By Janean Chun
Ending a controversy that had mail and parcel franchises up in arms (see"Franchise News," October 1996), the U.S. Postal Service (USPS) recently announced it would discontinue its Pack and Send services.
Many franchisors and franchisees in the industry perceived the Pack and Send services, which offered many of the same products as mail and parcel stores at lower prices, as direct competition from a government agency. Yet it wasn't the outcry that halted the USPS' plans. "It was purely a legal issue," says Rachel Southworth, executive director of the Coalition Against Unfair USPS Competition. "The Postal Rate Commission [PRC] determined that Pack and Send is indeed a postal service, and if the USPS wants to offer the service, it has to go through the proper channels and submit a rate case, just as it does with postage stamps, money orders and everything else it offers. It was skirting the authority of the PRC."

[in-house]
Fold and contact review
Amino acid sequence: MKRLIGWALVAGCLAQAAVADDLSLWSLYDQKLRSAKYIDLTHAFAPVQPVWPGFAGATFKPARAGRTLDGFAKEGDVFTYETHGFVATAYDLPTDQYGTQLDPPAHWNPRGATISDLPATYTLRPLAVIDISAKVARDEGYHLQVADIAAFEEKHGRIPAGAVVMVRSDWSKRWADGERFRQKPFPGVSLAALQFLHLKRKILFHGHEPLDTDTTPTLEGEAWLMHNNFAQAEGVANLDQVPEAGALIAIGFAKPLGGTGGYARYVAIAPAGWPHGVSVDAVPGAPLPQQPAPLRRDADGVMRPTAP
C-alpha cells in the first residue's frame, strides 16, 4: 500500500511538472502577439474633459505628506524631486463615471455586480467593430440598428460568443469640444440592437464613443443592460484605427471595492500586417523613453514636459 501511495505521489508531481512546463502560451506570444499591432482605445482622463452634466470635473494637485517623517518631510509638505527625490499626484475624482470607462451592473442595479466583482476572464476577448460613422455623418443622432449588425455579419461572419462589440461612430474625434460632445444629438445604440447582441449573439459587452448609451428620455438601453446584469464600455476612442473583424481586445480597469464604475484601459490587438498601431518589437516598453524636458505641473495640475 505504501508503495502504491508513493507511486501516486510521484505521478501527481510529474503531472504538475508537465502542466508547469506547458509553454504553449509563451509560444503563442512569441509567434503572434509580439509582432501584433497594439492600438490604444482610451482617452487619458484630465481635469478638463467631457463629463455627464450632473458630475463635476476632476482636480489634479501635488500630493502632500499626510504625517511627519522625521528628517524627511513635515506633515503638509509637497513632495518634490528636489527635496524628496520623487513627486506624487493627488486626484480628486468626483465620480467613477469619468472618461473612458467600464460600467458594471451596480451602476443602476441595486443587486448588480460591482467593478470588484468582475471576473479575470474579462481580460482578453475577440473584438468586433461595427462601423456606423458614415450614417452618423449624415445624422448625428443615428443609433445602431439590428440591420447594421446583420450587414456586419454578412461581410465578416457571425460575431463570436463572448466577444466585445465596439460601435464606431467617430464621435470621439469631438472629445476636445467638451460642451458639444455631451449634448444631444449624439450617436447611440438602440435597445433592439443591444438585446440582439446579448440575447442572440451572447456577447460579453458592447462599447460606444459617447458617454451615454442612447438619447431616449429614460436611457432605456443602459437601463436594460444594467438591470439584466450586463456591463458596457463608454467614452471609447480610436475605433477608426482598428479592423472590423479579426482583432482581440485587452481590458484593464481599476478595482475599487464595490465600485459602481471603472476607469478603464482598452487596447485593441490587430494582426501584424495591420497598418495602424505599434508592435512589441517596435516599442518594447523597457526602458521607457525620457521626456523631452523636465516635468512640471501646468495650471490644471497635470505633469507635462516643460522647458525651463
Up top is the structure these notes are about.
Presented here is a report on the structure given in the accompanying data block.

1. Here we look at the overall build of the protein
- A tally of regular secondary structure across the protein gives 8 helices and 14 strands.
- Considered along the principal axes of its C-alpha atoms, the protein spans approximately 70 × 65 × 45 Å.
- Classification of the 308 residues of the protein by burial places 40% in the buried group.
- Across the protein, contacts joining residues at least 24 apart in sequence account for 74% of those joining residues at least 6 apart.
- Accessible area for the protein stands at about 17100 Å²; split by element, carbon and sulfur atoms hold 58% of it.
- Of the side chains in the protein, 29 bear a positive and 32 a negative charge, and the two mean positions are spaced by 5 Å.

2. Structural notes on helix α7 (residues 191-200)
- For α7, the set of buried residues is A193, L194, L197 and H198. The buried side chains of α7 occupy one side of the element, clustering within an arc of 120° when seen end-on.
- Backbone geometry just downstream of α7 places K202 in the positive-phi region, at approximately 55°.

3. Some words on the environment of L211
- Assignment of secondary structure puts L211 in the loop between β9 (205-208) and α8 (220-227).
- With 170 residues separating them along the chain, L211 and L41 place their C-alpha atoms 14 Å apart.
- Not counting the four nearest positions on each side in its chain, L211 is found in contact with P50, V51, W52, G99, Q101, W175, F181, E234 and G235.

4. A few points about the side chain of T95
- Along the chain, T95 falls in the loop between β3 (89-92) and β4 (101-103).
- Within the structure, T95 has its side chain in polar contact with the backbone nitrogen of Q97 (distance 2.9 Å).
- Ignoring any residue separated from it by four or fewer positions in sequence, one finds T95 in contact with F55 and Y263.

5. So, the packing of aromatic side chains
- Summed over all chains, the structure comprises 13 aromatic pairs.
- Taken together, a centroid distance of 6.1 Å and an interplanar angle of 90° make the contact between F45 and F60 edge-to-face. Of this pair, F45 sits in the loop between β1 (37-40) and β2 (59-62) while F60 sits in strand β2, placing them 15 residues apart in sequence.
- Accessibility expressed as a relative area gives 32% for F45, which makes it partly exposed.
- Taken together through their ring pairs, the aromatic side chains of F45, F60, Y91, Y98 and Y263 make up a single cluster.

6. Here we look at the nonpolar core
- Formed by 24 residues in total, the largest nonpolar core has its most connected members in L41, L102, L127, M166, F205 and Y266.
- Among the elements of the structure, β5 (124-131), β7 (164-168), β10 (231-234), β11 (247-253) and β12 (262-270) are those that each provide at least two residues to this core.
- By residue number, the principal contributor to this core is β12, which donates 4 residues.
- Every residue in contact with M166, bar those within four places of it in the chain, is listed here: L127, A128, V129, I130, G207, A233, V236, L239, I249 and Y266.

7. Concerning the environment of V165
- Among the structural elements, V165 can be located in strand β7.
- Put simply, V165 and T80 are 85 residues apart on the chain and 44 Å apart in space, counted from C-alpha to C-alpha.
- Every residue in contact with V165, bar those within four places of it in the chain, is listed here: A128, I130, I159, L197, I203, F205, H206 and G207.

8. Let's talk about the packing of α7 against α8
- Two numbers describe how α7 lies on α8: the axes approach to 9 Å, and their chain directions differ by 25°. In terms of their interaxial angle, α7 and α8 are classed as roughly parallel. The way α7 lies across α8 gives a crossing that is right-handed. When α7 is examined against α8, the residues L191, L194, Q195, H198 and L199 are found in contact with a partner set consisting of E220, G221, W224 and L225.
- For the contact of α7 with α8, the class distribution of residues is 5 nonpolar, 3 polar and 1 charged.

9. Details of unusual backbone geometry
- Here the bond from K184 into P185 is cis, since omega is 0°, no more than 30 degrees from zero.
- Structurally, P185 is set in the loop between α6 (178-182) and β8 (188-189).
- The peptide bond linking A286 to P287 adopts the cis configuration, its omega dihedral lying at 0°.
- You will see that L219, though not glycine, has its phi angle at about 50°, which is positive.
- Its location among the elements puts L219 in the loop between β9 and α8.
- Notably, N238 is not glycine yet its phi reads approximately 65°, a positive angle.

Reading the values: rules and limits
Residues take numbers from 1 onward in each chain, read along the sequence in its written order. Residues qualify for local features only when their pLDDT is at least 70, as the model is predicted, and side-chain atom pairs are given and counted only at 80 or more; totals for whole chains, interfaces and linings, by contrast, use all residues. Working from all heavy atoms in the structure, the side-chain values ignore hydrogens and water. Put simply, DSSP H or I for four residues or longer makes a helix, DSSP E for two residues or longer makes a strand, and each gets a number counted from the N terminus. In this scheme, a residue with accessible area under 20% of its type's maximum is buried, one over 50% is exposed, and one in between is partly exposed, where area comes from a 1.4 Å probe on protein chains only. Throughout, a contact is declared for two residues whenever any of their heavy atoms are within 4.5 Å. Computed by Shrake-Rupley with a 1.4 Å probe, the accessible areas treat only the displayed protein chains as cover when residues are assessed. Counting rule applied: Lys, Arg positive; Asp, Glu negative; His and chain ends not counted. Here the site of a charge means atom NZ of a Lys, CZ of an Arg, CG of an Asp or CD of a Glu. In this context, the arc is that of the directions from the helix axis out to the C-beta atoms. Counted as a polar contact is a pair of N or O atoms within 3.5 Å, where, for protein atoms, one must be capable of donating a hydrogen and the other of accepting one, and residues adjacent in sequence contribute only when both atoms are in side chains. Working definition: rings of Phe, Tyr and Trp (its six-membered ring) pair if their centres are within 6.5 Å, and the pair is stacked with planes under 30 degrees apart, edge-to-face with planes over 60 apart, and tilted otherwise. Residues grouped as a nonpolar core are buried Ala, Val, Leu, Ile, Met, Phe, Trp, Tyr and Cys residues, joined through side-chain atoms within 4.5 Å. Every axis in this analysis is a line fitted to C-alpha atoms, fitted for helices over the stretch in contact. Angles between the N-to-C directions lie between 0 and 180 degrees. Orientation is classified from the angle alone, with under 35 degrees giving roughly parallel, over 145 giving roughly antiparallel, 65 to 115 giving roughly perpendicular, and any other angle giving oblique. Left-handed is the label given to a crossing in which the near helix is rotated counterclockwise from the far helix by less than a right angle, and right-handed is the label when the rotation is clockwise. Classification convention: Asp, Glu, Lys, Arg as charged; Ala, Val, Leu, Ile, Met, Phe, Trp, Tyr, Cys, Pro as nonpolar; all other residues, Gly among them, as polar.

Rather than file a rate case, the USPS decided to drop the service, which had been in the test stage. "There is no plan at this time to reinstate that product line," says Bil Paul of the USPS.
"We were pleased with the decision," says Southworth. "But we have to temper our enthusiasm with a dose of reality. If at any time the Postal Service decides it wants to offer Pack and Send again, it can simply take it to the PRC for a rate. It's that easy."
Because this possibility looms, the Coalition Against Unfair USPS Competition continues to pursue legislation limiting the Postal Service from providing any commercial services that it did not offer nationwide prior to January 1, 1994. The legislation "would take [the USPS] out of the business permanently," says Southworth. "[The recent announcement by the Postal Service] is a victory for now, but that doesn't necessarily mean it's over for good."